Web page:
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NABERSNZ assessments and ratings

The NABERSNZ process assists agencies and landlords with assessing the energy performance of a building. Make sure to get the right type of assessment and rating for your buildings.

How to get a NABERSNZ rating

Agencies and landlords must follow the NABERSNZ process to assess their buildings and offices. A self-assessment does not meet our minimum standards; you'll need an assessment from a registered assessor.

How to get a rating – NABERSNZ

NABERSNZ assessor directory – NABERSNZ

EECA's NABERSNZ Getting started video YouTube

Types of assessments

There are three types of energy assessments.

Electric vehicles energy use is excluded from a NABERSNZ rating as long as a compliant electricity meter is being used, as the energy consumed by the vehicle is outside the building envelope.

Base building assessment

A base build rating measures the energy performance of the core services in a building which an agency will have little or no control over, such as lifts, stairwell lighting, common toilets, air conditioning and ventilation.

Improvements to a building’s NABERSNZ rating can be achieved with collaboration between the tenant and landlord to minimise wastage, such as after-hours air conditioning use.

Tenancy assessment

A tenancy assessment measures the energy performance of the floors and areas occupied mainly by the tenant, including computers, lighting, server rooms, and staff kitchens.

Research shows that tenancy energy use accounts for around 42% of total energy use in a building.

Whole building assessment

A whole building assessment gives a combined rating of both base building and tenancy ratings. We do not recommend them, except in buildings solely occupied by government agencies.

Whole building assessments can skew results, especially where building space is shared with non-Government agencies like crèches, retail or commercial premises. In these multi-tenanted buildings common areas are allocated on a pro-rata basis to more than one tenant. Separate assessments provide agencies with better control over making improvements, and this approach also provides a more accurate reflection of energy usage.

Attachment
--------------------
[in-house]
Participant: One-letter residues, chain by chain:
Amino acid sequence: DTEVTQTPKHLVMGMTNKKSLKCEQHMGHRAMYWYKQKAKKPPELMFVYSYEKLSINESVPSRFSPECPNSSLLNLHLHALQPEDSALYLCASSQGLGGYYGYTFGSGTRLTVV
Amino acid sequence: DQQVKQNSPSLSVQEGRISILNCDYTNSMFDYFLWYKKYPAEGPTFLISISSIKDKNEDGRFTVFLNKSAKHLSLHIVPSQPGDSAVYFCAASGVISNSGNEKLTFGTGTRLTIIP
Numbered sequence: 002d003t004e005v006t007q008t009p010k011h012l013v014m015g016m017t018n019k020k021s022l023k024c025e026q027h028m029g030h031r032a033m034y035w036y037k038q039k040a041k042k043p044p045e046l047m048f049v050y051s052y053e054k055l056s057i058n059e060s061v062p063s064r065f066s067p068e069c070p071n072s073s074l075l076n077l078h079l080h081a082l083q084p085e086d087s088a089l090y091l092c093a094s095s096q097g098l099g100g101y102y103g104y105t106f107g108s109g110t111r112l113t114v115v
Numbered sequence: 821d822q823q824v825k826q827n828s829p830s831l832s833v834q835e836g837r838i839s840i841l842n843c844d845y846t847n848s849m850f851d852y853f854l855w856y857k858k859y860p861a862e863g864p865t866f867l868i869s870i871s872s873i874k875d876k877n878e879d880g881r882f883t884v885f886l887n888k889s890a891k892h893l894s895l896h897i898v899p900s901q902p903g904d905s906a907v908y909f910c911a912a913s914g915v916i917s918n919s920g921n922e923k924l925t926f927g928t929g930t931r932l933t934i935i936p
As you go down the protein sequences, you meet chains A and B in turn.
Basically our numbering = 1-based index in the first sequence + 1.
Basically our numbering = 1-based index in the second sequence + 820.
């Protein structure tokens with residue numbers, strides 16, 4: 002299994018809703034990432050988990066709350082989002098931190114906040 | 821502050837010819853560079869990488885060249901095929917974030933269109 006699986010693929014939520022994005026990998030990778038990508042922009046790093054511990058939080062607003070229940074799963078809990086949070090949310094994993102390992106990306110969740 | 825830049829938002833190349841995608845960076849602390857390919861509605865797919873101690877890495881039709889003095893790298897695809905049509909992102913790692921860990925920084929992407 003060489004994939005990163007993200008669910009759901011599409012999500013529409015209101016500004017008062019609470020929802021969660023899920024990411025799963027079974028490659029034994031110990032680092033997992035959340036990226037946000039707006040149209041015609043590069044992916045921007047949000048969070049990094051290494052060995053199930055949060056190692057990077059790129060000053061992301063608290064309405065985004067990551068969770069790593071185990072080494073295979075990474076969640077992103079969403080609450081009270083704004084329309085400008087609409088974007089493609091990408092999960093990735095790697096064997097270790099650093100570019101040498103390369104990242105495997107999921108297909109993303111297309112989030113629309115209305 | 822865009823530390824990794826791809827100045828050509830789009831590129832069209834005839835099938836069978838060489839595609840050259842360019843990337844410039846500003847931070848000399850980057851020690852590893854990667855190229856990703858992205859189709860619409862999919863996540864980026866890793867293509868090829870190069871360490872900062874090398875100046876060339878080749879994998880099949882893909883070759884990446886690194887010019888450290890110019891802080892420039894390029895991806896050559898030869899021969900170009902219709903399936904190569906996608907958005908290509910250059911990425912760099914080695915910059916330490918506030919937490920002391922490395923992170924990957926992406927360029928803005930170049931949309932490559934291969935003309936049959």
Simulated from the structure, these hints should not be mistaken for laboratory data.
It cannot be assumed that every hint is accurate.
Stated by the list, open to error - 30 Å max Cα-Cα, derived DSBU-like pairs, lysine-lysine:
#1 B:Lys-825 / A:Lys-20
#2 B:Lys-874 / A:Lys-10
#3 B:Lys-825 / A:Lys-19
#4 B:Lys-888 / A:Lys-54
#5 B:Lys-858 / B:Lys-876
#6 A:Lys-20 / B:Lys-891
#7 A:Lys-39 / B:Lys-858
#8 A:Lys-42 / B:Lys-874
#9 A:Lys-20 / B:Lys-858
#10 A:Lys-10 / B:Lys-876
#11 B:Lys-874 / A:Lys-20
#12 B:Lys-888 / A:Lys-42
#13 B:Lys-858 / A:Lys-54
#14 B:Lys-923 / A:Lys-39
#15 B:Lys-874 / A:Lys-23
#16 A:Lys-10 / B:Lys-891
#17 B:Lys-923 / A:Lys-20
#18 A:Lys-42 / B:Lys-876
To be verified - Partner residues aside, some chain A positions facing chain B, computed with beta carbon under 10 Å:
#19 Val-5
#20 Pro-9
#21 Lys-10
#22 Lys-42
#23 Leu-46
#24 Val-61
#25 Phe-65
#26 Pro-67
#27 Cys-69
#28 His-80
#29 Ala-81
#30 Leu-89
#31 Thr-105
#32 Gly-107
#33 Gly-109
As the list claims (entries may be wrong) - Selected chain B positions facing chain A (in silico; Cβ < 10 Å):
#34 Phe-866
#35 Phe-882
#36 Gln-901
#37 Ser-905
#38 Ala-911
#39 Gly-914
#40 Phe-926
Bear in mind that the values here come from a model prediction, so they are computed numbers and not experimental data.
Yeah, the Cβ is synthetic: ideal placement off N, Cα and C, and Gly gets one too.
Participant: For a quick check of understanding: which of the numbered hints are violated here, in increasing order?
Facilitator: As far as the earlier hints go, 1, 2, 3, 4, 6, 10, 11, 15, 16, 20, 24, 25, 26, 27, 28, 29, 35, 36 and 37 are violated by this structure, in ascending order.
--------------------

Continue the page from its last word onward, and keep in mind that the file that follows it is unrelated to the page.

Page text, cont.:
In almost all situations, agencies can achieve greater benefits if they carry out separate base building and tenancy assessments, rather than completing a whole building assessment. If you decide to do a whole building assessment, let us know before you start.

Co-assess ratings

If you're in a multi-tenanted building, use a co-assess process to complete tenancy ratings at the same time as a base building or whole building assessment.

The co-assess method is designed to help building managers, building owners, and tenants to better understand their energy use and work together to improve the performance of their building and tenancies, while reducing assessment costs.

Work out which assessment you should get by answering the questions below.

Which type of assessment to get

With the broad range of lease arrangements in Government office accommodation, it can be hard to work out which type of assessment you need. Answer the following questions to confirm the requirements for your accommodation. You can also find examples below.

Is the net lettable area of the single or combined tenancy or co-location more than or equal to 5,000m²?

Assessment costs

Tenancy assessments are usually paid for by the agency.

We would expect a Base Building assessment to be paid for by the landlord; this can be negotiated between the tenant and the landlord.

Assessment costs – NABERSNZ